Gemini RAW offers a future-proof solution that allows recording in high-quality HD (in DNxHD-220) and simultaneously in RAW / uncompressed. You can use the DNxHD footage for fast turnaround projects while archiving the RAW for future, higher-resolution / higher-quality productions. Alternatively, if your project requires RAW today, simply record RAW and DNxHD-36 proxy (for your dailies/offline work). Either workflow simplifies post-production while protecting your digital assets for future revenue streams.

Unlike most competitive products, Gemini RAW includes a built-in 5.0” 800x480 LCD touch-screen for live-preview and playback. Gemini RAW uniquely employs dual 1.8” SSD drives, greatly reducing size, weight and cost. Currently these drives support quad-stream recording up to 1080p30/2K RAW, single stream 4K RAW up to 30p, single stream 1080p/2K RAW up to 120fps (over dual 3G-SDI) or in some formats, the creation of two identical masters (auto backup). The Gemini RAW production kit includes (at no extra cost) a simple SSD transfer station compatible with widely available, low-cost USB 3.0, FW-800, and Thunderbolt adapters. In particular, the Thunderbolt adapter supports data-transfer rates in excess of 375Mbytes/sec from the Gemini SSDs to a fast RAID hard-drive.
Pending certification by ARRI®, Gemini RAW will support both ARRIRAW 16:9 (Alexa) up to 60fps and ARRIRAW 4:3 (Alexa Studio) up to 48fps. Full support for Weisscam/P+S Technik HD/2K RAW is also planned; including cameras from IO Industries, Lux Media Plan, and Indiecam. Our leading-edge design anticipates future support for yet to be announced 2K and 4K RAW cameras as well as even higher frame rates.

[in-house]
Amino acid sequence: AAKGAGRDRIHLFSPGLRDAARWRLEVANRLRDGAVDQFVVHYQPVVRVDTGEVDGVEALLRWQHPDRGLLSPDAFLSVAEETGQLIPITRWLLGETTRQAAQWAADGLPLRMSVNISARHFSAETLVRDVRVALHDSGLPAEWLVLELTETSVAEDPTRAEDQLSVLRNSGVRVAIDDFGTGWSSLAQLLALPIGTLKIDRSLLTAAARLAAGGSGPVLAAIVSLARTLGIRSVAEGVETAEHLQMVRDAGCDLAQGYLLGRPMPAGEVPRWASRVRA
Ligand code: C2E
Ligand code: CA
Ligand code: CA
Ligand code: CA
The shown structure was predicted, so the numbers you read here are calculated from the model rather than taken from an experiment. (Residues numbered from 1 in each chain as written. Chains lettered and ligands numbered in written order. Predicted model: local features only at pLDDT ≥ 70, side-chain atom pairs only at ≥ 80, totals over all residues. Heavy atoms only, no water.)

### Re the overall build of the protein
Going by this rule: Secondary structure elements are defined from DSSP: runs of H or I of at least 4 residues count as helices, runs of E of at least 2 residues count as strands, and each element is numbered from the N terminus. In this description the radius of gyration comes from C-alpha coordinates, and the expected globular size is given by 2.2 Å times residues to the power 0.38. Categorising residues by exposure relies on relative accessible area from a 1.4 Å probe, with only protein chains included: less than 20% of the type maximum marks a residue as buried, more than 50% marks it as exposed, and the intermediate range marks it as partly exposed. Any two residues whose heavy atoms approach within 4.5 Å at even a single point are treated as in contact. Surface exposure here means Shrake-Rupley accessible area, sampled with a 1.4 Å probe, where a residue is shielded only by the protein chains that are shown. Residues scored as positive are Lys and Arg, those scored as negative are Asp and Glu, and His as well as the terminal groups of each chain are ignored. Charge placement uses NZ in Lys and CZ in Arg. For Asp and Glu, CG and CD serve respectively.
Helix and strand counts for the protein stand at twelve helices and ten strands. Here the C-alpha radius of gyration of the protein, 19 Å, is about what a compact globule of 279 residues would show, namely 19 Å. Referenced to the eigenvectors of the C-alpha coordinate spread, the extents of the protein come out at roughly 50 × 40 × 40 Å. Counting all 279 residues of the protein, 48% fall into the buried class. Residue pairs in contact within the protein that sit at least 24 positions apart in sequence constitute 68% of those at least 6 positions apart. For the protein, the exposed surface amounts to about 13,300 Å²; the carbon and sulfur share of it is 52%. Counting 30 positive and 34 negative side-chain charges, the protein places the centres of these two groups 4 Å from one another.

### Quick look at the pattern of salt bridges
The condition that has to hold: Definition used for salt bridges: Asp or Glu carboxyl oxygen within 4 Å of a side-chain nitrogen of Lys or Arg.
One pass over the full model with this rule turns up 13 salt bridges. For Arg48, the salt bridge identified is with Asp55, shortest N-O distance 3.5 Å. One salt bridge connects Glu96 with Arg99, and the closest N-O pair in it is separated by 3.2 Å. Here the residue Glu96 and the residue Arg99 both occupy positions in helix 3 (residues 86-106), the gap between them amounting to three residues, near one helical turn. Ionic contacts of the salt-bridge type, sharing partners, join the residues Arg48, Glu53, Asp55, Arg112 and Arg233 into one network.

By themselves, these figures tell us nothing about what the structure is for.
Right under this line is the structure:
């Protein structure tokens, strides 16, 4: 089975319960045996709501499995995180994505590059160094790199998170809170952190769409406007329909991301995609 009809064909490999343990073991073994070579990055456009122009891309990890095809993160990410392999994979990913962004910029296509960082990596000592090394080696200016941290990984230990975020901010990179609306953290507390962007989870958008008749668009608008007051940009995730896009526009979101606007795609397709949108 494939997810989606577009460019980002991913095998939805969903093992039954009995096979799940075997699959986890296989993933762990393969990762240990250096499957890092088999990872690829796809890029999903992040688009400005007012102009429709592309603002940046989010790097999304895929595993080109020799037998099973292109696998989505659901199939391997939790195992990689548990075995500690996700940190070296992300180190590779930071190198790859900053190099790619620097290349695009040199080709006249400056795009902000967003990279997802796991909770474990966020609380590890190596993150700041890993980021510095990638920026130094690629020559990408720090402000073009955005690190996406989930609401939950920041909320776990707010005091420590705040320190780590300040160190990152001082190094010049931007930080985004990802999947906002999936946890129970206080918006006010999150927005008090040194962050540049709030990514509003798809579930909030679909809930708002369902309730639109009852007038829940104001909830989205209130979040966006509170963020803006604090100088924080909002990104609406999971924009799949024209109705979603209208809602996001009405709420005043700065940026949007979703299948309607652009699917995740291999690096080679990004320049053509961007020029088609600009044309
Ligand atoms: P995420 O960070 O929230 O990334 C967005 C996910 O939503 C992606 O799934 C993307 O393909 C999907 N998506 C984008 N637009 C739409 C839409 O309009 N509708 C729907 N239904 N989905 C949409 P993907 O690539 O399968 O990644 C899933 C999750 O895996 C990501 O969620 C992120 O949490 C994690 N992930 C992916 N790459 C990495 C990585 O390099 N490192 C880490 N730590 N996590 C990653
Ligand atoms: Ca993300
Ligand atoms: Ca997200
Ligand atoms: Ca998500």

Gemini RAW is expected to begin shipping in late Fall 2012. Price is yet to be determined.

See the entire Convergent Design family of recorders in action on today’s leading cinema production cameras at NAB booth C9918. You can also visit our website: www.convergent-design.com or call: ++720-221-3861.

Editorial Contacts:
Dan Keaton: dan@convergent-design.com (++719-930-1376),
Amber Cowles: amber@convergent-design.com (++719-337-2776)

Do you think the Gemini RAW is capable of recording the new Sony F65's RAW output? Hmm. Only time will tell...

Monday, April 9, 2012

TV is Awesome ?

I got some sweet ARRIRAW news on the horizon but for now here's a couple of quick links to some Toyota spots that I worked on recently. These were shot by Jo Willems on an ALEXA with Master Primes. 90% was recorded to uncompresssed DPX frames via the new Gemini 4:4:4 recorder with a few shots getting the full ARRIRAW treatment via a Codex On-Board recorder.